Cigarette Smoking and your Health
Medically reviewed by Drugs.com. Last updated on Mar 3, 2024.
What are the risks to my health if I smoke tobacco?
Nicotine and other chemicals found in tobacco and e-cigarettes can damage every cell in your body. Even if you are a light smoker, you have an increased risk for cancer, heart disease, and lung disease. If you are pregnant or have diabetes, smoking increases your risk for complications. Nicotine can affect an adolescent's developing brain. This can lead to trouble thinking, learning, or paying attention.
What are the benefits to my health if I stop smoking?
- You decrease respiratory symptoms such as coughing, wheezing, and shortness of breath.
- You reduce your risk for cancers of the lung, mouth, throat, kidney, bladder, pancreas, stomach, and cervix. If you already have cancer, you increase the benefits of chemotherapy. You also reduce your risk for cancer returning or a second cancer from developing.
- You reduce your risk for heart disease, blood clots, heart attack, and stroke.
- You reduce your risk for lung infections, and diseases such as pneumonia, asthma, chronic bronchitis, and emphysema.
- Your circulation improves. More oxygen can be delivered to your body. If you have diabetes, you lower your risk for complications, such as kidney, artery, and eye diseases. You also lower your risk for nerve damage. Nerve damage can lead to amputations, poor vision, and blindness.
- You improve your body's ability to heal and to fight infections.
- An adolescent can help his or her brain and body develop in a healthy way. Talk to your adolescent about all the health risks of nicotine. If you can, start talking about nicotine when your child is younger than 12 years. This may make it easier for him or her not to start using nicotine as a teenager or adult. Explain to him or her that it is best never to start. It can be hard to try to quit later.
What are the health benefits to others if I stop smoking?
Tobacco is harmful to nonsmokers who breathe in your secondhand smoke. The following are ways the health of others around you may improve when you stop smoking:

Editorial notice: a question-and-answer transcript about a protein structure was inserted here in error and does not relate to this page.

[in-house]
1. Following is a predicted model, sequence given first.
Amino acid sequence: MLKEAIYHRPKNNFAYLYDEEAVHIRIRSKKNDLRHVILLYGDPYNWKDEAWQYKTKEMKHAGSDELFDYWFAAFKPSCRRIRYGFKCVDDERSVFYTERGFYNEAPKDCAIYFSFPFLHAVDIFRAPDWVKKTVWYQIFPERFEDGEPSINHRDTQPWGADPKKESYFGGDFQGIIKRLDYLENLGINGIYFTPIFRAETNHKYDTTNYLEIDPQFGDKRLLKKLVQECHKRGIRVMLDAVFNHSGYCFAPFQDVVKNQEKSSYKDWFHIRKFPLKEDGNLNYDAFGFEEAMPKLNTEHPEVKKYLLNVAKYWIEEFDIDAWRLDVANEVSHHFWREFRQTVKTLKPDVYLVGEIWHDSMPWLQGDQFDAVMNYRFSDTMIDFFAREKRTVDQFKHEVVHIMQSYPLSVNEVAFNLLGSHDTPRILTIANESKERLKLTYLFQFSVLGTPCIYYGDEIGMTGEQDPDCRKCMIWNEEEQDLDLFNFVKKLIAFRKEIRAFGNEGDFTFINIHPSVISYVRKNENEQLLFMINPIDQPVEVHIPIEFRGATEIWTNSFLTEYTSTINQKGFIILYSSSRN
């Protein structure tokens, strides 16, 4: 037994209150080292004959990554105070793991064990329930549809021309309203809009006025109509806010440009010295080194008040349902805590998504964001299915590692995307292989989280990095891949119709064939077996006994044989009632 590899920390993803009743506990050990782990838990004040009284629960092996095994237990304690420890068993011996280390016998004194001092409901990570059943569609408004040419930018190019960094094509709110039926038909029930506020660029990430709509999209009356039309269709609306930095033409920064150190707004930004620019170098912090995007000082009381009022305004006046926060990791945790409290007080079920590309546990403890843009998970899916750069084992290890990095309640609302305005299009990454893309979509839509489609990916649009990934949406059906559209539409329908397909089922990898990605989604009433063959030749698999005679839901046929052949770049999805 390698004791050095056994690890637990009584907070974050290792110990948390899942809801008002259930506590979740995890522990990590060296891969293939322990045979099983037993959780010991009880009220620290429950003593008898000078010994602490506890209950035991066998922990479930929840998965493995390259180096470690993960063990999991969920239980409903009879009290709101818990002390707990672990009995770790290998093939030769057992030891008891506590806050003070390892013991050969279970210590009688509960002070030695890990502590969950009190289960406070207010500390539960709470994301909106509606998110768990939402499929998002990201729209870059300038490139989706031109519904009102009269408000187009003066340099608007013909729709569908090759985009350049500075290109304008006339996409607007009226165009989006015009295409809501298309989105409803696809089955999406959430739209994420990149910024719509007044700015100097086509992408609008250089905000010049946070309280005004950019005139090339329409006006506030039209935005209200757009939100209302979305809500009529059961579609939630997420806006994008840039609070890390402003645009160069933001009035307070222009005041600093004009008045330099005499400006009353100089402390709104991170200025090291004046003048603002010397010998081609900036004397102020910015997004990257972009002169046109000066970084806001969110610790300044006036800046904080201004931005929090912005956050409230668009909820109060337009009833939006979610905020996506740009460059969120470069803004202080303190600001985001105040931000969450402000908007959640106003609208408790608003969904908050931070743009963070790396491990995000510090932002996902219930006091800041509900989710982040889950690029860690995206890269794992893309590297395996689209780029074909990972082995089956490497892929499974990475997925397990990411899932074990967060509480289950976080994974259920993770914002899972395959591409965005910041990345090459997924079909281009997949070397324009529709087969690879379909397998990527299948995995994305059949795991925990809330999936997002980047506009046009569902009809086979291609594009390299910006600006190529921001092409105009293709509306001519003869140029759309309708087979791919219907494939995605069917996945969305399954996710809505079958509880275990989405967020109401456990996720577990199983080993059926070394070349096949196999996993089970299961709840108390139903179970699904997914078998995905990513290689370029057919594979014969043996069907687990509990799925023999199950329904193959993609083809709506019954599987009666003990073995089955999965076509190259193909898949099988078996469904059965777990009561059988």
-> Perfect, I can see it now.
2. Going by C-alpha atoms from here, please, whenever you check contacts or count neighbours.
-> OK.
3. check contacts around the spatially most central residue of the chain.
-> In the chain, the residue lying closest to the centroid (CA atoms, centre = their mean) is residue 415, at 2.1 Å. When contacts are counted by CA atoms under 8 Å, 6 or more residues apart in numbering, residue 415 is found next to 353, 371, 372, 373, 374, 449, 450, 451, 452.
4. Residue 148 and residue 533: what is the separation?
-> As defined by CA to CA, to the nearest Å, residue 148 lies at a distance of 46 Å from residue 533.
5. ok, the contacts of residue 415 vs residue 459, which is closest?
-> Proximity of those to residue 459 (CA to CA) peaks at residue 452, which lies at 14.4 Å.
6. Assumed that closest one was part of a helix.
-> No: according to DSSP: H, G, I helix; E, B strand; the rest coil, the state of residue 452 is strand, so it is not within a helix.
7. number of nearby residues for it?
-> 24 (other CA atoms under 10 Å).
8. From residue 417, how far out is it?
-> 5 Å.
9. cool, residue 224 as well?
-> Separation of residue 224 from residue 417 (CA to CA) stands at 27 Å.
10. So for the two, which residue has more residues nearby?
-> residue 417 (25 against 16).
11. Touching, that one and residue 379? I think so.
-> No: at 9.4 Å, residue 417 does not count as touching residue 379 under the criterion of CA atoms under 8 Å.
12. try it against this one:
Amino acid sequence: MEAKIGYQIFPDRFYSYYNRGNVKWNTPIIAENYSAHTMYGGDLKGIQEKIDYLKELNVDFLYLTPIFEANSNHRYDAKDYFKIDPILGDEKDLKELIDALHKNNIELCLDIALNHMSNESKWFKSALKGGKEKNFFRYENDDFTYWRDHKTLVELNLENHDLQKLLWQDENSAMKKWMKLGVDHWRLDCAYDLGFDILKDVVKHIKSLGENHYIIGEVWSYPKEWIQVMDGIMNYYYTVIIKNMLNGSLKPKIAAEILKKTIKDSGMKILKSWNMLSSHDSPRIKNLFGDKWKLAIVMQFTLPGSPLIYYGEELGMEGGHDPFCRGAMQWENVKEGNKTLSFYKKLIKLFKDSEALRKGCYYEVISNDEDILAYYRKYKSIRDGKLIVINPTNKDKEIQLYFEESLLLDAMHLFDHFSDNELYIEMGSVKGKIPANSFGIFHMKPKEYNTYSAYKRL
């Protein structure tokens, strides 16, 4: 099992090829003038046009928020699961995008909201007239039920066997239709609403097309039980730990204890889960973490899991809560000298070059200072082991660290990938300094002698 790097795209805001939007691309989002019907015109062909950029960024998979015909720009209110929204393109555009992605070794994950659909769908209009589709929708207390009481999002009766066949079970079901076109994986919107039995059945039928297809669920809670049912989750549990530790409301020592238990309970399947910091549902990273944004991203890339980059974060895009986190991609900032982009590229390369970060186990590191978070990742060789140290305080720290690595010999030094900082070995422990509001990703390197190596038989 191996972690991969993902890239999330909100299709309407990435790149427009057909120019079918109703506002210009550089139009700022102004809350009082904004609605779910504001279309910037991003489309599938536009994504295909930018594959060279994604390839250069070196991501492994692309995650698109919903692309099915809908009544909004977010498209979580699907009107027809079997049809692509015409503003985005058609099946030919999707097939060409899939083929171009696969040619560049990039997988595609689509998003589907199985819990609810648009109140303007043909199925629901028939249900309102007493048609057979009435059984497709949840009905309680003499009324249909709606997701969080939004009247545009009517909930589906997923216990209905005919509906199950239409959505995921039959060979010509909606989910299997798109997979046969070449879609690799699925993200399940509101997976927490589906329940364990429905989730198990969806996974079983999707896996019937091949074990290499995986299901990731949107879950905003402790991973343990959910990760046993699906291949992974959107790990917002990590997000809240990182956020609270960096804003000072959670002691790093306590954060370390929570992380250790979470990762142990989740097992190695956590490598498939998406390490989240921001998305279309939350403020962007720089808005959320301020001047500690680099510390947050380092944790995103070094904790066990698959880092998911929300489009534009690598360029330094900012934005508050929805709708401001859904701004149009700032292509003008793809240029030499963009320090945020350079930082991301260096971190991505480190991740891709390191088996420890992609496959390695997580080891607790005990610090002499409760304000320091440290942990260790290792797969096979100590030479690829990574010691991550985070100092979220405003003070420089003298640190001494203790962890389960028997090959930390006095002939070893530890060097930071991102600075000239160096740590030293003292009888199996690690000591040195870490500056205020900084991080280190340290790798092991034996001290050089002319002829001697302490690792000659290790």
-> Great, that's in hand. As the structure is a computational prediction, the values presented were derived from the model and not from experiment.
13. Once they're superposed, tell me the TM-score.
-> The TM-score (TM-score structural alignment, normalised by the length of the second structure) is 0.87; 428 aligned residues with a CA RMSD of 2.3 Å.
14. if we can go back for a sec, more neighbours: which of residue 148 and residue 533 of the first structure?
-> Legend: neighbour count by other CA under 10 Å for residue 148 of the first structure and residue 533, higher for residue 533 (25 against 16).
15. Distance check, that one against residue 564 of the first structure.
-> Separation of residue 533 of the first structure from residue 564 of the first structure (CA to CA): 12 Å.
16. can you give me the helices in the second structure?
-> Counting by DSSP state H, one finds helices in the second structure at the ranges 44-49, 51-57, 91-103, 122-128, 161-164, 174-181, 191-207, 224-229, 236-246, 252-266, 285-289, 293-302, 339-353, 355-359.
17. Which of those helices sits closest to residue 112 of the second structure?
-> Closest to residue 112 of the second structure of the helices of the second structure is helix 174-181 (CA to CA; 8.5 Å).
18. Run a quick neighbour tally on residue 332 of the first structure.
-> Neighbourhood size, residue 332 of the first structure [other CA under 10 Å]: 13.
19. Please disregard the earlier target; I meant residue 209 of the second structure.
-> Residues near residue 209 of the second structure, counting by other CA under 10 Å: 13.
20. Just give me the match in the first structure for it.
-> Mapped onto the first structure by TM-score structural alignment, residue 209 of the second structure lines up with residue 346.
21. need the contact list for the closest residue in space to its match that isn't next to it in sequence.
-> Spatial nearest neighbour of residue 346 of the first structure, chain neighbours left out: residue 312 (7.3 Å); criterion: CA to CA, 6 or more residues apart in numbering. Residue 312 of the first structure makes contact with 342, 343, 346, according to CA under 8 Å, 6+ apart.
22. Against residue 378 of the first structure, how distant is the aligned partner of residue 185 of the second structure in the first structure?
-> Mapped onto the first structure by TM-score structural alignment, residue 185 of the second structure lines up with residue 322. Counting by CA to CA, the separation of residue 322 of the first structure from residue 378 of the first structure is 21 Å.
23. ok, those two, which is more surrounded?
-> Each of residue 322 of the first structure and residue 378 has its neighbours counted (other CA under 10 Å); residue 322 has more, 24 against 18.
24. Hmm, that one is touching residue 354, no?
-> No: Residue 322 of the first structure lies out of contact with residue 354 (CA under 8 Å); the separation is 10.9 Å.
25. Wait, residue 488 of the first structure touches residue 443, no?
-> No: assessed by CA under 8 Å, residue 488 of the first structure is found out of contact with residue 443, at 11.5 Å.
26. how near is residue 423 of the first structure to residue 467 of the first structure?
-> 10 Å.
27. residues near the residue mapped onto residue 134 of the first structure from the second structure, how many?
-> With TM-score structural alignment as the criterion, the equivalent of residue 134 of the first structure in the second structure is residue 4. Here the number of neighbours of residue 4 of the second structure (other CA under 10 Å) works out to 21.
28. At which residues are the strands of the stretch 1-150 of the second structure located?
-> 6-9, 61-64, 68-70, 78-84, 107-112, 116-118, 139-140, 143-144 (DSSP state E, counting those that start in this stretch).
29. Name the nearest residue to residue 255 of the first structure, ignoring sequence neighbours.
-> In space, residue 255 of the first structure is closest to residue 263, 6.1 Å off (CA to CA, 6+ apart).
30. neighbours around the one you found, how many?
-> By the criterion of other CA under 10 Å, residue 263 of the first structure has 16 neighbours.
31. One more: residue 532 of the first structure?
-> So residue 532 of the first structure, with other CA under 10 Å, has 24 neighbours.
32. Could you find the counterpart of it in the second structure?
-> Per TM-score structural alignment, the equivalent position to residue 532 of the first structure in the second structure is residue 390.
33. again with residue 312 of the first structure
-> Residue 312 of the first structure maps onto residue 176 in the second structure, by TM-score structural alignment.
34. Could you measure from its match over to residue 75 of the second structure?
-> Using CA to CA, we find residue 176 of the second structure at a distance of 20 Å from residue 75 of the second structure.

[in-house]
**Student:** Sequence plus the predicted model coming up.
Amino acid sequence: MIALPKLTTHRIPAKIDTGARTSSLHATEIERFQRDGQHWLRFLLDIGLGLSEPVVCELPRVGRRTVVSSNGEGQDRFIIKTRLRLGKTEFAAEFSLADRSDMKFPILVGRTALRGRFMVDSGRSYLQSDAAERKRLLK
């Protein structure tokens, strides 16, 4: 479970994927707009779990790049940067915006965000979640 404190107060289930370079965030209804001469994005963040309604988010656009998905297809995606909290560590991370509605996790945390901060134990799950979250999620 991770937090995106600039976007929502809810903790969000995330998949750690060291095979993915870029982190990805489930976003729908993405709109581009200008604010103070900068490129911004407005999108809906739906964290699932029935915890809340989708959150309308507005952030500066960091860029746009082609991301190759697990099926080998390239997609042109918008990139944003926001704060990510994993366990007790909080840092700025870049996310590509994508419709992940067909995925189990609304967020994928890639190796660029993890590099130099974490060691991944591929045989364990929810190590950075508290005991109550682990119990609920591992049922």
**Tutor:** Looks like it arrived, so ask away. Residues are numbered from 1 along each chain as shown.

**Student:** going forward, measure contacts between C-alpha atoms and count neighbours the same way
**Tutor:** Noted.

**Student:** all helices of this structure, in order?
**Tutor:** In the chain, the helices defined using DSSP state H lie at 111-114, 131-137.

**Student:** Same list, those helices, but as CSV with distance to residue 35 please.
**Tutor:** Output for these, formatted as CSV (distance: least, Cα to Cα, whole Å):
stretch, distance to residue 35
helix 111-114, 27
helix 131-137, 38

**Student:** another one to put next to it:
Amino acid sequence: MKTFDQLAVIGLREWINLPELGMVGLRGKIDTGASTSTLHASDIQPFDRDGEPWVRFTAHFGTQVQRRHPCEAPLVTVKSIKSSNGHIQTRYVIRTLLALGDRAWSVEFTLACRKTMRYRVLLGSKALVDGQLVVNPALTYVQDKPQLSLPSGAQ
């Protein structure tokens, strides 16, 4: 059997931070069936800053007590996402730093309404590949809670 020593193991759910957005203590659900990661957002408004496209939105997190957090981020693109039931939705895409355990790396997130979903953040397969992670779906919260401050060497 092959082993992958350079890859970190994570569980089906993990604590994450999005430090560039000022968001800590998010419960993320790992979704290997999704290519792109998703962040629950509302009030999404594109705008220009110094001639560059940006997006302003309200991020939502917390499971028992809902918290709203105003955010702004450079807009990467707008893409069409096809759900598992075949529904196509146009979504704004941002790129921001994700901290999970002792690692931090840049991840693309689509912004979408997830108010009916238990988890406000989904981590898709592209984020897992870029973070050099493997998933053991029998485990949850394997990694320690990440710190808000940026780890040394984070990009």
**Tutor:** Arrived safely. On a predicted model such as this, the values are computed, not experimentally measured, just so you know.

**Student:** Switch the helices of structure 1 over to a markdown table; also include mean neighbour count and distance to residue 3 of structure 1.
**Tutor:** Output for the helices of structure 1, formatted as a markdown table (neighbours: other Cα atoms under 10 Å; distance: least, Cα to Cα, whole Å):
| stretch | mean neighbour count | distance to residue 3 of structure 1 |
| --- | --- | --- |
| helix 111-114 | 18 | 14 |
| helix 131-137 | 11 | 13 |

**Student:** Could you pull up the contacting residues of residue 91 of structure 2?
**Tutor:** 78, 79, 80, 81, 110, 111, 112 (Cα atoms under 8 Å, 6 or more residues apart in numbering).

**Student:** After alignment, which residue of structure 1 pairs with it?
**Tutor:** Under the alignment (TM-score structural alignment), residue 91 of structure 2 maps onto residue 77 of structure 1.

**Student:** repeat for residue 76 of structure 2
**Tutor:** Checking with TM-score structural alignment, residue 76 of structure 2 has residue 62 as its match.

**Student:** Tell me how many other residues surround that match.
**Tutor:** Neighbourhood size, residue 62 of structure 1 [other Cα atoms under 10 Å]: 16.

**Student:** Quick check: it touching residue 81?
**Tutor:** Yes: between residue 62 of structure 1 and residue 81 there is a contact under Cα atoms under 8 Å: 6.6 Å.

- You lower the risks for lung cancer, heart disease, and stroke in nonsmoking adults.
- If you are pregnant, you lower the risk for miscarriage, early delivery, low birth weight, and stillbirth. You also lower your baby's risk for SIDS, obesity, developmental delay, and neurobehavioral problems, such as ADHD.
- If you have children, you lower their risk for ear infections, colds, pneumonia, bronchitis, and asthma.
Where can I find support and more information?
- American Lung Association
1301 Pennsylvania Ave. NW
Washington , DC 20004
Phone: 1- 202 - 785-3355
Phone: 1- 800 - 548-8252
Web Address: www.lung.org
Phone: 1- 800 - 784-8669
Web Address: www.smokefree.gov
Care AgreementYou have the right to help plan your care. Learn about your health condition and how it may be treated. Discuss treatment options with your healthcare providers to decide what care you want to receive. You always have the right to refuse treatment. The above information is an educational aid only. It is not intended as medical advice for individual conditions or treatments. Talk to your doctor, nurse or pharmacist before following any medical regimen to see if it is safe and effective for you.
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